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The UW System Board of Regents will vote Thursday on controversial tenure policies.

A right-leaning think tank has issued a report that cites its controversial survey of University of Wisconsin faculty and urges the UW Board of Regents to make campus officials prove that they need tenure at all.

“The Trouble with Tenure” was released by the Wisconsin Policy Research Institute just as members of the Board of Regents prepare to vote March 10 on a package of new tenure policies for UW campuses. The report endorses many of the provisions of draft policies developed with input from a Tenure Policy Task Force and endorsed last month by the board's education committee.

“Regents, though, can do more than their task force is recommending to make sure leaders of individual campuses have the flexibility they need to be responsive to students and the job market,” WPRI president Mike Nichols wrote in an introduction to the report. 

Individual campuses and UW Extension, “which vary greatly in their focus on research or on instruction or on community interaction — should be asked to articulate exactly how and when tenure is helpful and when it isn’t,” Nichols said.

WPRI sponsored a survey of UW faculty on tenure last spring, conducted by University of Chicago professor William Howell, that was criticized by some faculty as unreliable because of its design and implementation.

Their fears that the surveys would be used to support further changes in tenure — already weakened by removal from state law in Scott Walker’s 2016-2017 budget bill — appear to have been founded, Inside Higher Ed reported.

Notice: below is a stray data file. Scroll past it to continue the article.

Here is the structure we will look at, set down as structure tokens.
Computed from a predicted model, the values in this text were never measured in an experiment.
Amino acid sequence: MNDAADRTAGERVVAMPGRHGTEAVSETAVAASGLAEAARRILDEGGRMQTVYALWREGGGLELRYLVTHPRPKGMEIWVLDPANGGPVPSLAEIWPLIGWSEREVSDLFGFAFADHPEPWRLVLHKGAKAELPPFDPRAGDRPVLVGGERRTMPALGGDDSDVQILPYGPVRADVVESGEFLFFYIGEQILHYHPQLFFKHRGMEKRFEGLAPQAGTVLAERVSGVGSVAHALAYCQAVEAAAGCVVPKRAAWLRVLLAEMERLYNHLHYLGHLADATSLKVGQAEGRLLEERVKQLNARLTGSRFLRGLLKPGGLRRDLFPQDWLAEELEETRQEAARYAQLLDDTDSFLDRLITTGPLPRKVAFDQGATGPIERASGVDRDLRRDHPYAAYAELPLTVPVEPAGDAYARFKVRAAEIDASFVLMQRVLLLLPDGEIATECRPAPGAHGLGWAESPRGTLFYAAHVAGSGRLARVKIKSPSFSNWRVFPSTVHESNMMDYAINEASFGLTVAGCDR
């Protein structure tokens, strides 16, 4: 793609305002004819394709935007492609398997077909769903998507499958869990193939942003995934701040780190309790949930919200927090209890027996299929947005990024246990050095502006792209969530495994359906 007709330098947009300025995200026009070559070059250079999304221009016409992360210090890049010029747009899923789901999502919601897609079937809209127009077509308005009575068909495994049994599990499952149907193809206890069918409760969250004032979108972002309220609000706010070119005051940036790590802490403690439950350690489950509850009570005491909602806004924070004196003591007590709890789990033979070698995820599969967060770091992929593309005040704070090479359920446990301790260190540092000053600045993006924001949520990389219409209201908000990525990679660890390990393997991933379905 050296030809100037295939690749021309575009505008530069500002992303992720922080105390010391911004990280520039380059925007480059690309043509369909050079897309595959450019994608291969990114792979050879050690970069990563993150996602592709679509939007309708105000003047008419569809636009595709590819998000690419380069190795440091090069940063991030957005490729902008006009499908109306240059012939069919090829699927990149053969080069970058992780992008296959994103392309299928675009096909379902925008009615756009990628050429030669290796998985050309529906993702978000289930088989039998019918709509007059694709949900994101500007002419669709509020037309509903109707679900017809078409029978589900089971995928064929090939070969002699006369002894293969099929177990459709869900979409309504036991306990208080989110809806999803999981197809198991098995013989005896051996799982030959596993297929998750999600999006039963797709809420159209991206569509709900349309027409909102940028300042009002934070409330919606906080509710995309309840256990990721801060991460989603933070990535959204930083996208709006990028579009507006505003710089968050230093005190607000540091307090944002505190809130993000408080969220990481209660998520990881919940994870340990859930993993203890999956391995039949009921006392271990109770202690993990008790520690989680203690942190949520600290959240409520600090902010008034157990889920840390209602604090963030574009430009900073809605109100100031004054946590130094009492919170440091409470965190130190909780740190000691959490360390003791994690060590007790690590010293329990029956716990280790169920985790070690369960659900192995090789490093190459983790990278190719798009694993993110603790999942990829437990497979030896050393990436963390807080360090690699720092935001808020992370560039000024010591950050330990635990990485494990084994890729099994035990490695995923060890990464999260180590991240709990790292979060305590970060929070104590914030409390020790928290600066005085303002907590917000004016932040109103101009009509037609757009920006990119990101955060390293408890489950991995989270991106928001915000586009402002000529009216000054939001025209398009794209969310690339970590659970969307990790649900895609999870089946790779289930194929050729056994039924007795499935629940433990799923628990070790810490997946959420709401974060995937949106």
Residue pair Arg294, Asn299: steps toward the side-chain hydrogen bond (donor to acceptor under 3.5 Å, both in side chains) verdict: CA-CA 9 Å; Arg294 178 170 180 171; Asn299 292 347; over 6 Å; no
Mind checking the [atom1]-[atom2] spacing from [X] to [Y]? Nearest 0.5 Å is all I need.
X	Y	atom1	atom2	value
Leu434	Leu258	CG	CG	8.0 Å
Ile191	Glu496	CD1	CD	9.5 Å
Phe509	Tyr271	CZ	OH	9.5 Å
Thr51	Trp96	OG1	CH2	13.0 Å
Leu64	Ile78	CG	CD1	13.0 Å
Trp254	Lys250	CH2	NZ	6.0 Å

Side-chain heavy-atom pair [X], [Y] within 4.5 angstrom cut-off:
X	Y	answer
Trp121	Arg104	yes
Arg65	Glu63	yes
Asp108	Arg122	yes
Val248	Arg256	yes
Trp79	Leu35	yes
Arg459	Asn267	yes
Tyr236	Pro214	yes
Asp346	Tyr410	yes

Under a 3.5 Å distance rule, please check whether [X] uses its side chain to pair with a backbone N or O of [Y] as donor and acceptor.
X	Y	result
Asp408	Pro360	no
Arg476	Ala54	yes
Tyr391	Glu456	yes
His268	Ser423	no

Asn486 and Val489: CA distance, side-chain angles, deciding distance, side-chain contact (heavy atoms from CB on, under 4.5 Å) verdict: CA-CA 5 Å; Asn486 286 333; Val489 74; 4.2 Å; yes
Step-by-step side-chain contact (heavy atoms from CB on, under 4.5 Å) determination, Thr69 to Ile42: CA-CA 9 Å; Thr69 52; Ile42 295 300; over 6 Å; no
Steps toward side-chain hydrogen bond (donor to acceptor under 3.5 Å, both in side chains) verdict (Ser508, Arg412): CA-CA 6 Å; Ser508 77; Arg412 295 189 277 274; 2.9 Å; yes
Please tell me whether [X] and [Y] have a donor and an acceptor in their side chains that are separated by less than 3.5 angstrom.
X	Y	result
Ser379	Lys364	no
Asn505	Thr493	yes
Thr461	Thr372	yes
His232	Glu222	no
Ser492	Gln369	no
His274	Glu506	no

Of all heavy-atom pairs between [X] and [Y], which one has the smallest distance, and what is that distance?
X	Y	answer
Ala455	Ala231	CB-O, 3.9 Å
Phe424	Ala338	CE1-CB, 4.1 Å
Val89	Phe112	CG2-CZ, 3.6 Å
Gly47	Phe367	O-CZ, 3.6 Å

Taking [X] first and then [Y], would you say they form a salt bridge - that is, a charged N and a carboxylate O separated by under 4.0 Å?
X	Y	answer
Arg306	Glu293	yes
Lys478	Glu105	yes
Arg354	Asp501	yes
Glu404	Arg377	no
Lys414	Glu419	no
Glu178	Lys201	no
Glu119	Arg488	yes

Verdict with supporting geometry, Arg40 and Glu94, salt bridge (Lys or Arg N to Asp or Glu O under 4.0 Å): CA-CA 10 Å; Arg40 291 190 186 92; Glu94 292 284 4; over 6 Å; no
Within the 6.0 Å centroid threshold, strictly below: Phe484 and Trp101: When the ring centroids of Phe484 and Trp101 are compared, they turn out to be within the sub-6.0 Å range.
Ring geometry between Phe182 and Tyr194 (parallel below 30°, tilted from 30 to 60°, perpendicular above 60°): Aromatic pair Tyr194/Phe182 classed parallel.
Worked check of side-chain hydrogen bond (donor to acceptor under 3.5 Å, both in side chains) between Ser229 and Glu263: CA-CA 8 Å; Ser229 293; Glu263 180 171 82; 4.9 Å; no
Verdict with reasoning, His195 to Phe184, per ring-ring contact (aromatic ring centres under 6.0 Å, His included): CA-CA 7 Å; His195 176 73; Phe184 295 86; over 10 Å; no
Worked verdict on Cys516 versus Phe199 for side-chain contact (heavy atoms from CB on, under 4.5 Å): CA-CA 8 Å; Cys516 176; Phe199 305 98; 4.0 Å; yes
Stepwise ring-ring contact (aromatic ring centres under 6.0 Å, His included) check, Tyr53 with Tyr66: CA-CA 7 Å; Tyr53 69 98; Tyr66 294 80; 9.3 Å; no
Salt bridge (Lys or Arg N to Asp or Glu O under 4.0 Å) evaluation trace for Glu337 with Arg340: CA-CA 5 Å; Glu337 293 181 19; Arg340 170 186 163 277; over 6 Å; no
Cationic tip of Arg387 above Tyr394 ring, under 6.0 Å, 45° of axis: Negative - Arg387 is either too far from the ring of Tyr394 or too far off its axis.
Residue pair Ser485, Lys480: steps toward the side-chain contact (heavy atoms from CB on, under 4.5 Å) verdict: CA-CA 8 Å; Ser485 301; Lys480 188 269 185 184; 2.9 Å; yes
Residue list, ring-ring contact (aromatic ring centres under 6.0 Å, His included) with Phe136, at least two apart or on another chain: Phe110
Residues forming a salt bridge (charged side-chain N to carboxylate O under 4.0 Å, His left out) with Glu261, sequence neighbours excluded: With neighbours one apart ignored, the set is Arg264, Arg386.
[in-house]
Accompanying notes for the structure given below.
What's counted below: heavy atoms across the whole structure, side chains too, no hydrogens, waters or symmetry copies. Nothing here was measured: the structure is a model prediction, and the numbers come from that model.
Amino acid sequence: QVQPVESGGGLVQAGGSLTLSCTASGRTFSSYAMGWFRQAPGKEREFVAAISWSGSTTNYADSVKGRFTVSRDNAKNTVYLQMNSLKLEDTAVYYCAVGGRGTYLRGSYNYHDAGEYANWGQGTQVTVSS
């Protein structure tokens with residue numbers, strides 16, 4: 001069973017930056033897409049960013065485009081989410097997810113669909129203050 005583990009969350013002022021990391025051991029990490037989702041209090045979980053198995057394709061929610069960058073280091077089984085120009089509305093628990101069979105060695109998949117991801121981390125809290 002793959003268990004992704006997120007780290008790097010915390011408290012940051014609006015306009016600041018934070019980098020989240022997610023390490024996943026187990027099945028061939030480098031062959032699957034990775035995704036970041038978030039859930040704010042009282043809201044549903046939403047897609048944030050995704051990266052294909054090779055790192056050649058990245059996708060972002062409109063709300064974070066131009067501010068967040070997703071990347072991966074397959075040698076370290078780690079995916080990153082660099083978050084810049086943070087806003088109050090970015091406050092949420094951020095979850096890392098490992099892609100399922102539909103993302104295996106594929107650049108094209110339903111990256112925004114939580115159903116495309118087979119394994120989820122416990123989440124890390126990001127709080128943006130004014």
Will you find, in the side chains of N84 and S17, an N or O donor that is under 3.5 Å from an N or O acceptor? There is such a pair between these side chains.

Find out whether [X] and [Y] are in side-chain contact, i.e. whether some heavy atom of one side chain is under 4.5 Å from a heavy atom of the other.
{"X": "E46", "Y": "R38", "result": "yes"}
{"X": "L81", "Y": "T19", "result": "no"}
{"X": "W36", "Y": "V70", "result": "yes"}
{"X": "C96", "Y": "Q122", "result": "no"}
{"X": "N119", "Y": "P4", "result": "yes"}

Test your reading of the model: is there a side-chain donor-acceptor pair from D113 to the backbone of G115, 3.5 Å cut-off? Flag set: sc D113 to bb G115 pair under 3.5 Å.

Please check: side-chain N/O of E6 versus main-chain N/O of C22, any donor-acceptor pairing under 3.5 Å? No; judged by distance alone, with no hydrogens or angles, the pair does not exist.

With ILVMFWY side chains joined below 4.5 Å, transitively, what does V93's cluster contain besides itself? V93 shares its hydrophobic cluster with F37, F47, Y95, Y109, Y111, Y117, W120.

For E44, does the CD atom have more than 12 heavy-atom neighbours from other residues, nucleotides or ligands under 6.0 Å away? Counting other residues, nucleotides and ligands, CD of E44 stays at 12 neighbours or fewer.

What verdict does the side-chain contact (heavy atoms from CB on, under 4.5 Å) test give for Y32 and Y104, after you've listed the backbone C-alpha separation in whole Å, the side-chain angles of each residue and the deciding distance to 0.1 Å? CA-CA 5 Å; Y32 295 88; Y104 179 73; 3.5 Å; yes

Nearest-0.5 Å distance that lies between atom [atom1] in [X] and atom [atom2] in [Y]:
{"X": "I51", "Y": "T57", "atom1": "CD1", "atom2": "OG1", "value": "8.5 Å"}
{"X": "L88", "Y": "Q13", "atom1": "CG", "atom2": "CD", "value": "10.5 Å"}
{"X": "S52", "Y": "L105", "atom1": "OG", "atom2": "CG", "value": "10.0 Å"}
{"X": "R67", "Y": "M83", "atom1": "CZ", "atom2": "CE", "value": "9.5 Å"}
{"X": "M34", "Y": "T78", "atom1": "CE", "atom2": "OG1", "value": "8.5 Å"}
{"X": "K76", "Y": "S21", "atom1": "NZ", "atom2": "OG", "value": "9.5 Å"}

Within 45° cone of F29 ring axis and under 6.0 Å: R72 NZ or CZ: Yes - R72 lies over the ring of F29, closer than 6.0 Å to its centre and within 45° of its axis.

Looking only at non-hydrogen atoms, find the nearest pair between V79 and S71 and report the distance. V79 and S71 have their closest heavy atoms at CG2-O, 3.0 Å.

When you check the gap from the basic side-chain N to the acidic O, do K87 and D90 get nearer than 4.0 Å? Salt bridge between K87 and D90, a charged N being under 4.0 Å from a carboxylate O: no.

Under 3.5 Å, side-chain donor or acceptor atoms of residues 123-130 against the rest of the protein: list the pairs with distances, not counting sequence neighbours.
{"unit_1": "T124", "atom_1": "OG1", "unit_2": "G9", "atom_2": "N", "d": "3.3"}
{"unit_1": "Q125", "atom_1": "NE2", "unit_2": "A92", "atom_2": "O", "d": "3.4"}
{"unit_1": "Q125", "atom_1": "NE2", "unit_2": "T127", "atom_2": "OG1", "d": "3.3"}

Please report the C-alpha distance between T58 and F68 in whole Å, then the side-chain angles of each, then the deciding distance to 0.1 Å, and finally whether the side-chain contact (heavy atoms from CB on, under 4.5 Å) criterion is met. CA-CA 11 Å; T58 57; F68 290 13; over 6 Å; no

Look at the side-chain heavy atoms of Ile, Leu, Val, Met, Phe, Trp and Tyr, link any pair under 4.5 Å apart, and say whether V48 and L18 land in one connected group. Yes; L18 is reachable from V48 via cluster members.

UW-Madison faculty member David Vanness told the online education news website that the report seemed timed to influence regents before their vote next week and that WPRI seemed concerned that the board “may not use its full authority granted by [the change in state law] to fire tenured faculty essentially at will.”

The WPRI report “fails to recognize the economic value of tenure, and the need to protect academic freedom against meddling by powerful political and business interests,” as well as the role tenure has played in the rise of the American university over time, said Vanness, an associate professor of population health sciences and president of the UW-Madison chapter of the American Association of University Professors.

WPRI also recommends that legislators remove a guiding principal to the layoff of tenured faculty that survives in state law: seniority.

“Retaining faculty simply because they have been on the job longer — with no consideration of how up to date their knowledge and skills are — does not help keep Wisconsin’s universities in sync with the rapidly changing needs of its students or the marketplace. Quite the opposite,” the report says.

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The WPRI document also includes the results of a separate survey of academic faculty — instructors who do not have tenure — at several UW campuses.

Well over two-thirds of non-tenured instructors said that tenure is a good indicator of the quality of an instructors research achievements, but just over half said tenure was a good indicator of classroom performance or service to the community.

“The gist of our results is that tenure matters in the eyes of the non-tenure-track academic staff members,” said the report. “They perceive it to be positively associated with research by faculty, but they are less convinced that it is a good measure of teaching quality or service to the community. Whether its benefits are in line with the costs it imposes is beyond the scope of the data from this survey.”

On its website, WPRI says it "is guided by a belief that competitive free markets, limited government, private initiative, and personal responsibility are essential to our democratic way of life."

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